- Understanding Radiation Therapy: A Guide for Patients and Families
- What is radiation therapy? When is it used?
- How does radiation therapy work?
- Do the benefits outweigh the risks and side effects?
- How much does radiation treatment cost?
- Who gives radiation treatments?
- Informed consent
- How is radiation therapy given?
- External radiation therapy
- Internal radiation therapy (brachytherapy)
- Systemic radiation therapy
- Preventing and managing side effects
- Skin problems
- Hair loss
- Blood count changes
- Eating problems
- How will I feel emotionally?
- Will side effects limit my activity?
- Are there long-term side effects I should be concerned about?
- Managing side effects of treatment to certain parts of the body
- Radiation therapy to the head and neck
- Radiation therapy to the brain
- Radiation therapy to the breast and chest
- Radiation therapy to the stomach and abdomen
- Radiation therapy to the pelvis
- Follow-up care
- To learn more
These are words that you may hear your health care team use.
Accelerated radiation: a radiation schedule in which the total dose is given over a shorter period of time. Compare to hyperfractionated radiation.
Adjuvant therapy (ad-juh-vunt): a treatment used in addition to the main (primary) treatment. Radiation therapy often is used as an adjuvant to surgery.
Alopecia (al-o-pee-shuh): hair loss, including face and body hair
Anesthesia (an-es-THEE-zhuh): loss of feeling, sensation, or consciousness caused by certain drugs or gases. Also used to describe the drug or gas used to cause this.
Anti-emetic (an-tee-ih-MEH-tik or an-tie-ih-MEH-tik): a drug to prevent or treat nausea or vomiting
Applicator (AP-lick-ate-ur): a device used to put an implant or medicine into the body
Benign tumor (be-nine too-mer): a tumor (lump or mass) that is not cancer
Biologic therapy (by-o-LA-jick): treatment that uses the immune system to fight infection and disease. Also called immunotherapy or immune therapy.
Biopsy (by-op-see): the removal of a sample or piece of tissue that is looked at under a microscope to see if it contains cancer or other abnormal cells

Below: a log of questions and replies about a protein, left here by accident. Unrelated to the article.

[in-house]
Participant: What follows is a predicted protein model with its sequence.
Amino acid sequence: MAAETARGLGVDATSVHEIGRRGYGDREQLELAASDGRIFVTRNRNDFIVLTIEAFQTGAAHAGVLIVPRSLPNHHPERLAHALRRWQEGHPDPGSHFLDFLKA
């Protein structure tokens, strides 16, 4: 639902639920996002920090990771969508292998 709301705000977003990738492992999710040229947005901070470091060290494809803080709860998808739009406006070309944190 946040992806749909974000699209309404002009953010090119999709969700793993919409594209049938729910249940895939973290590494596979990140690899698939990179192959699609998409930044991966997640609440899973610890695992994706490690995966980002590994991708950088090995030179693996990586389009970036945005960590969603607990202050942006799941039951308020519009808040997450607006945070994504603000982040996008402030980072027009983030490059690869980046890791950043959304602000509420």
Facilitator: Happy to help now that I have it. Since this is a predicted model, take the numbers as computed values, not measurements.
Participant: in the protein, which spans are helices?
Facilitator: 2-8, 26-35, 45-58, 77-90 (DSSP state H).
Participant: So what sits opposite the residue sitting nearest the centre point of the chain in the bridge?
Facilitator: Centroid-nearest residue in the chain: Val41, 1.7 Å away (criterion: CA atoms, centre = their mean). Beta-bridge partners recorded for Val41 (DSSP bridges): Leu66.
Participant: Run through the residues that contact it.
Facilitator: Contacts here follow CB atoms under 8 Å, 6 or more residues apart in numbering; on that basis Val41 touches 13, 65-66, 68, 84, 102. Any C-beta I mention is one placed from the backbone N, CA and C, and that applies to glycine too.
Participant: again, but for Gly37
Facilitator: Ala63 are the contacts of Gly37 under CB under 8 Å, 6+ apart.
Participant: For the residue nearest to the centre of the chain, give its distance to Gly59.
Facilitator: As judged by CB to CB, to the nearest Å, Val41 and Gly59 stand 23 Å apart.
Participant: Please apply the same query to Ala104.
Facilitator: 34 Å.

Brachytherapy (brake-ee-THER-uh-pee): internal radiation treatment done by putting radioactive material right into the tumor or close to it. Also called internal radiation therapy.
Cancer: a general term for more than 100 diseases that have uncontrolled, abnormal growth of cells that can spread into and destroy healthy tissues
Catheter (cath-ih-tur): a thin, flexible tube through which fluids or other materials can be put in or taken out of the body
Centigray (cGy) (sent-uh-gray): the preferred measurement of the amount of radiation dose absorbed by the body (1 cGy = 1 rad)
Chemotherapy (key-mo-THER-uh-pee): the use of certain types of drugs to treat cancer
Conformal radiation therapy (con-for-mul): a newer type of radiation treatment that uses a special computer to help shape the beam of radiation to match the shape of the tumor and delivers the beam from different directions rather than from one angle. This reduces the amount of radiation reaching nearby healthy tissues.
Dietitian (also registered dietitian): a health professional who plans well-balanced diet programs, including special diets to meet the needs of people with various medical conditions
Dosimetrist (doe-sim-uh-trist): a person who plans and calculates the proper radiation dose for each patient’s cancer treatment
Electron beam (ee-leck-tron): a stream of high-energy particles called electrons used to treat cancer
External radiation: radiation therapy that uses a machine located outside of the body to aim high-energy rays at cancer cells
Fractionated radiosurgery (frack-shun-ate-ed): see stereotactic radiosurgery
Fractionation (frack-shun-A-shun): dividing the total dose of radiation into smaller doses in order to reduce damage to healthy tissues